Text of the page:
Head Over Heels By Jill Shalvis

“Healthy doses of humor, lust, and love work their magic as Shalvis tells Chloe’s story in her newest Lucky Harbor contemporary romance.”~PW

If this looks likes a book you’d like to read, click here to see if it’s available or to place a hold.

Lucy Barton

[Cover]

Title: My Name is Lucy Barton

 Author: Strout, Elizabeth

 Publisher: Random House, January 2016

Summary/Review: Elizabeth Strout is one of the best out there when it comes to writing about flawed, complicated women.  As Lucy Barton recovers from a mysterious illness in the hospital, she has a visitor she’s not spoken with in several years – her mother. The visit spans several days, and as their conversation ebbs and flows in intensity, from gossip to family secrets, Lucy’s memories of her painful childhood are revealed in such a way that, even at the end of the story, she remains somewhat of a mystery.   One thing is for certain – the fragile Lucy Barton has a tremendous capacity for love and forgiveness.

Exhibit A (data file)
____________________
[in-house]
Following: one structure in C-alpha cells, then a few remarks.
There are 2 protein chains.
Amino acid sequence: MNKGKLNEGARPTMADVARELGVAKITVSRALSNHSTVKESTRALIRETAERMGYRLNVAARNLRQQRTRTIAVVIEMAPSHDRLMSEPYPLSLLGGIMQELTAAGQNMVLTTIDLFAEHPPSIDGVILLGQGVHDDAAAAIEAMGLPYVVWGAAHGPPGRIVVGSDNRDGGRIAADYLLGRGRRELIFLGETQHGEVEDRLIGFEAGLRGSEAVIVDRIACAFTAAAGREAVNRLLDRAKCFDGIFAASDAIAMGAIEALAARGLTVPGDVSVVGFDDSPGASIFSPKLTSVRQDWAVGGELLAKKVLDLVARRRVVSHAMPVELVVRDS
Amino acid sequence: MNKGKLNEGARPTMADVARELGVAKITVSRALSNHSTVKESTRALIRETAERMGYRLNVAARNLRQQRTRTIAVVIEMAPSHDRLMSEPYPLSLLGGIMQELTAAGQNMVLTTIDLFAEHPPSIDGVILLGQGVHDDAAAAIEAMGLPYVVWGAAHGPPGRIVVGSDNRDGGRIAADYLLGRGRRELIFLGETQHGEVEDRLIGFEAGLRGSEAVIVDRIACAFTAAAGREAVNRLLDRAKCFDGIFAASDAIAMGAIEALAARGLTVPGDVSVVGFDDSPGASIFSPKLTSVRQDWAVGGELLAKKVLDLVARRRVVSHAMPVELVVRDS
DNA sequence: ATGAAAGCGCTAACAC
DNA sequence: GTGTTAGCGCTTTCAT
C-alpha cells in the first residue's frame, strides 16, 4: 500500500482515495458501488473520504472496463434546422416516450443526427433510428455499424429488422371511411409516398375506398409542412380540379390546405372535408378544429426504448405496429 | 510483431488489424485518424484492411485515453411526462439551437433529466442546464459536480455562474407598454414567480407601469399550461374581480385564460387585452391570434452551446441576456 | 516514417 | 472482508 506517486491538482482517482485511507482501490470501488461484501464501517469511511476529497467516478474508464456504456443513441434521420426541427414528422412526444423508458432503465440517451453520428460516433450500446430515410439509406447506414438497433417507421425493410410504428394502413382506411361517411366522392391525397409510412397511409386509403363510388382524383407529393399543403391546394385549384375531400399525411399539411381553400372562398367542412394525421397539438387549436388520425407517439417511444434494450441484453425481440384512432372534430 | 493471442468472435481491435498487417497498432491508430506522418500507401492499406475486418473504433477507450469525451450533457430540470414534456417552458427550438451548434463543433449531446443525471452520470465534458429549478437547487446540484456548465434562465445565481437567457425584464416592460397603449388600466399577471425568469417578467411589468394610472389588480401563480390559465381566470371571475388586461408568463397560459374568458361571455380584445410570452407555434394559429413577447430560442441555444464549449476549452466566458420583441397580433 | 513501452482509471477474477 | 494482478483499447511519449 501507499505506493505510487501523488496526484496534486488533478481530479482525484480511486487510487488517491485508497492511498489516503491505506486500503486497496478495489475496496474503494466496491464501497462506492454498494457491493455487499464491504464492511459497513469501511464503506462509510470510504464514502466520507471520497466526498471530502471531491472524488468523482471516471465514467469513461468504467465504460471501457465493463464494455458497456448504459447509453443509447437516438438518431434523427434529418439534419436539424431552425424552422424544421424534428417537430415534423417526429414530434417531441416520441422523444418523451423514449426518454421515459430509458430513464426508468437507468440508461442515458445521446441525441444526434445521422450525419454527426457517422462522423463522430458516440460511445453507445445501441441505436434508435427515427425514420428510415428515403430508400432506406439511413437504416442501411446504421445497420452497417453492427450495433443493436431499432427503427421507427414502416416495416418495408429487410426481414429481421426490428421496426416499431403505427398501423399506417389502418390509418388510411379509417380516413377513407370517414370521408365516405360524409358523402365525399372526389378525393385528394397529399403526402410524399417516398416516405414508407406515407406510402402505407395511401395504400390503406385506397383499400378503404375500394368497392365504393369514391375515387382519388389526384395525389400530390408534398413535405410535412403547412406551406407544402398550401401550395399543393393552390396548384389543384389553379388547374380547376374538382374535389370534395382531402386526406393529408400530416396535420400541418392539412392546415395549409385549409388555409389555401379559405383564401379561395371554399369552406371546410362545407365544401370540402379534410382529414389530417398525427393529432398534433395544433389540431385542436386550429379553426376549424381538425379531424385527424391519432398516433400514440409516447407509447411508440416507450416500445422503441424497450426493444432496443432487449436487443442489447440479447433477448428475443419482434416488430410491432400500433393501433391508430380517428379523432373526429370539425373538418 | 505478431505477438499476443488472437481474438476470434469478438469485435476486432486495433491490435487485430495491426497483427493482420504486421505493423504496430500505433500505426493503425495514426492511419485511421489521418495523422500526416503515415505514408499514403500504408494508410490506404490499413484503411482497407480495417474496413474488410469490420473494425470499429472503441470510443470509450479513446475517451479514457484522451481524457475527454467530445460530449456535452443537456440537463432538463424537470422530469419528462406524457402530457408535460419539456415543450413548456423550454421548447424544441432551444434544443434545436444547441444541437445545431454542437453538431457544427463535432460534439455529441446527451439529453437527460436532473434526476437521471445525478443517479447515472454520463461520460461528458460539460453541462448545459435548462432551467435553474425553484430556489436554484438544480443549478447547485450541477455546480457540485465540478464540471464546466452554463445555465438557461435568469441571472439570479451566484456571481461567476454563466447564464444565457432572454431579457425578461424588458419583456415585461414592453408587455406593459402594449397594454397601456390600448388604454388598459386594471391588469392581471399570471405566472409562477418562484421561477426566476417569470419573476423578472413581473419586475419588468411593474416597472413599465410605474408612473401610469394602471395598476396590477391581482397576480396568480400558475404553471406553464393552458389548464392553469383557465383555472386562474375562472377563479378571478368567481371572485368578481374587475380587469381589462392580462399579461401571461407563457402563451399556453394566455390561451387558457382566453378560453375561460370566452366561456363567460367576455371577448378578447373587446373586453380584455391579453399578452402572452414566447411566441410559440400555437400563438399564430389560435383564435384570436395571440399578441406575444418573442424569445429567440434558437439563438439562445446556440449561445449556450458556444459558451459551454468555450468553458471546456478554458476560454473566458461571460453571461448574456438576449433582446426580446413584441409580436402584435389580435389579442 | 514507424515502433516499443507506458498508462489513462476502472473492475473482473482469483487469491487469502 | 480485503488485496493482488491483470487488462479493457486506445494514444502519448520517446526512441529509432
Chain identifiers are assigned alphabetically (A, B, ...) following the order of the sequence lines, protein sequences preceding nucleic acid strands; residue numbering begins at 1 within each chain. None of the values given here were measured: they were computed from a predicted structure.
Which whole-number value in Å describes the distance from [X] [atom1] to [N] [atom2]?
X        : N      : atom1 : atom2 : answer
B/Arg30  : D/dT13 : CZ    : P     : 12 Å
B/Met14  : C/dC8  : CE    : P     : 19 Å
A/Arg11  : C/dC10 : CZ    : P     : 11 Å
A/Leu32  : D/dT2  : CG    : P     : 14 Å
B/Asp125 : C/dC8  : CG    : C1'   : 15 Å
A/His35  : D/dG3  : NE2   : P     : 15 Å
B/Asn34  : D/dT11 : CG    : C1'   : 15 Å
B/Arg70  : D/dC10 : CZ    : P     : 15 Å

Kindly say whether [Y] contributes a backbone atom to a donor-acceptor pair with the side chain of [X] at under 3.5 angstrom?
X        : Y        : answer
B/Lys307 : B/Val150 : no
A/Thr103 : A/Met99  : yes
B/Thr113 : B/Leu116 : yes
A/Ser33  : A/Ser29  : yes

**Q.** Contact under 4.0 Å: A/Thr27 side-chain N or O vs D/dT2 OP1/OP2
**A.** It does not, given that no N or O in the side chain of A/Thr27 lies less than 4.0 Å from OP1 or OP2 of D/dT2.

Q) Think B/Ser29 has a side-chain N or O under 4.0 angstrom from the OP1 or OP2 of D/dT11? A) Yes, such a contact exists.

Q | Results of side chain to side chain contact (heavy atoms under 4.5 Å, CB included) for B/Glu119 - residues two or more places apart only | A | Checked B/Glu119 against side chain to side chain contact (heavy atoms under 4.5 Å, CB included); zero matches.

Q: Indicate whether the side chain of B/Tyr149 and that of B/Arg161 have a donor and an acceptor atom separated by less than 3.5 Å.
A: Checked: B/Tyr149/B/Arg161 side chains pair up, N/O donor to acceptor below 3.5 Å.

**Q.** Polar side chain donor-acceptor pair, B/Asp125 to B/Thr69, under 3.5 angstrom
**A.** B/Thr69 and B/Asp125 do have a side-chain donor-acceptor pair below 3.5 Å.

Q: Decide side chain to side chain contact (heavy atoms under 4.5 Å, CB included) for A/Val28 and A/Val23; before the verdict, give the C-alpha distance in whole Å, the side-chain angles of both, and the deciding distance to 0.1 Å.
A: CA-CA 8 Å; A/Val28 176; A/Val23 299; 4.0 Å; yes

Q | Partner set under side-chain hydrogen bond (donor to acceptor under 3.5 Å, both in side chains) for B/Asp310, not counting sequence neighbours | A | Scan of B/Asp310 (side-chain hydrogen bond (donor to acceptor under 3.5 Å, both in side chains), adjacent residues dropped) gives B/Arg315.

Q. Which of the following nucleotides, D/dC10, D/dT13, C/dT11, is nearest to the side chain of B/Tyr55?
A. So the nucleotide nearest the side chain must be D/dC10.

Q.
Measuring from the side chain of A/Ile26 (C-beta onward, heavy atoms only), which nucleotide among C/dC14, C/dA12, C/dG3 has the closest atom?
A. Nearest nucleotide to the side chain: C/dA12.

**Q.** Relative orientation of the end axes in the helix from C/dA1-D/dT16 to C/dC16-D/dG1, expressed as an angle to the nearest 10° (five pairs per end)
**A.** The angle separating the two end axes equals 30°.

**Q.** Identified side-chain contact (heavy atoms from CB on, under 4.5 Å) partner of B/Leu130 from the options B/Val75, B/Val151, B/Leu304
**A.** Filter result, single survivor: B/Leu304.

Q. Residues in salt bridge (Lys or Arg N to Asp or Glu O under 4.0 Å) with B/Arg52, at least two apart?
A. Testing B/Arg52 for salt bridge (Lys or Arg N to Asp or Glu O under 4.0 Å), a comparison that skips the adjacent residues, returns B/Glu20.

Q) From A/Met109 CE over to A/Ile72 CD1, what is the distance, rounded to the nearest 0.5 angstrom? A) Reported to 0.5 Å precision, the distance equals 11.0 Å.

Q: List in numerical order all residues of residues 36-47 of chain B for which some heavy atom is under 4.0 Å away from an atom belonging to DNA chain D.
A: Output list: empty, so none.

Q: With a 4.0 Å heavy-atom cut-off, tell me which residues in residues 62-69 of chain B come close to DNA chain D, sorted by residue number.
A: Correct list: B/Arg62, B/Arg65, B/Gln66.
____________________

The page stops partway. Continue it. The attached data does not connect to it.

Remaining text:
Who will like this book?: Someone looking for a female-centric book that focuses on relationships.

 If you like this, try this: Elizabeth Strout is a well-known name, particularly for “Olive Kitteridge” and “Burgess Boys”, so if you enjoy the writing these two may suit you.

 Recommended by: Mary C, Reference Librarian

If this looks like something you’d like to read, visit the Fairfield Public Library catalog to see if it’s available and/or to place a hold!

Literary Pick-up Lines

paris wifeone kickreunion of ghostsladies night

We’ve been getting great reviews for some of the titles in our Adult Summer Reading Program: Literary Pick-up Lines. Some of the favorites receiving 4 or 5 stars this week are:
The Paris Wife by Paula McLain

One Kick by Chelsea Cain

A Reunion of Ghosts by Judith Claire Mitchell

Ladies’ Night by Mary Kay Andrews

Check back for more recommendations, or better yet, come in to the library and see which books on our display speak to you. You might just find your new favorite book!

 

2014 Staff Picks!

Our staff picks are here!  Still looking for a wonderful gift for someone special?  Here are some of our top recommendations:

Jess, from Reference, recommends:

“Forty Acres” by Dwayne Alexander Smith, published July 2014.  This is a thriller I could not put down! Thought provoking and eye opening!

K.C. in Circulation recommends: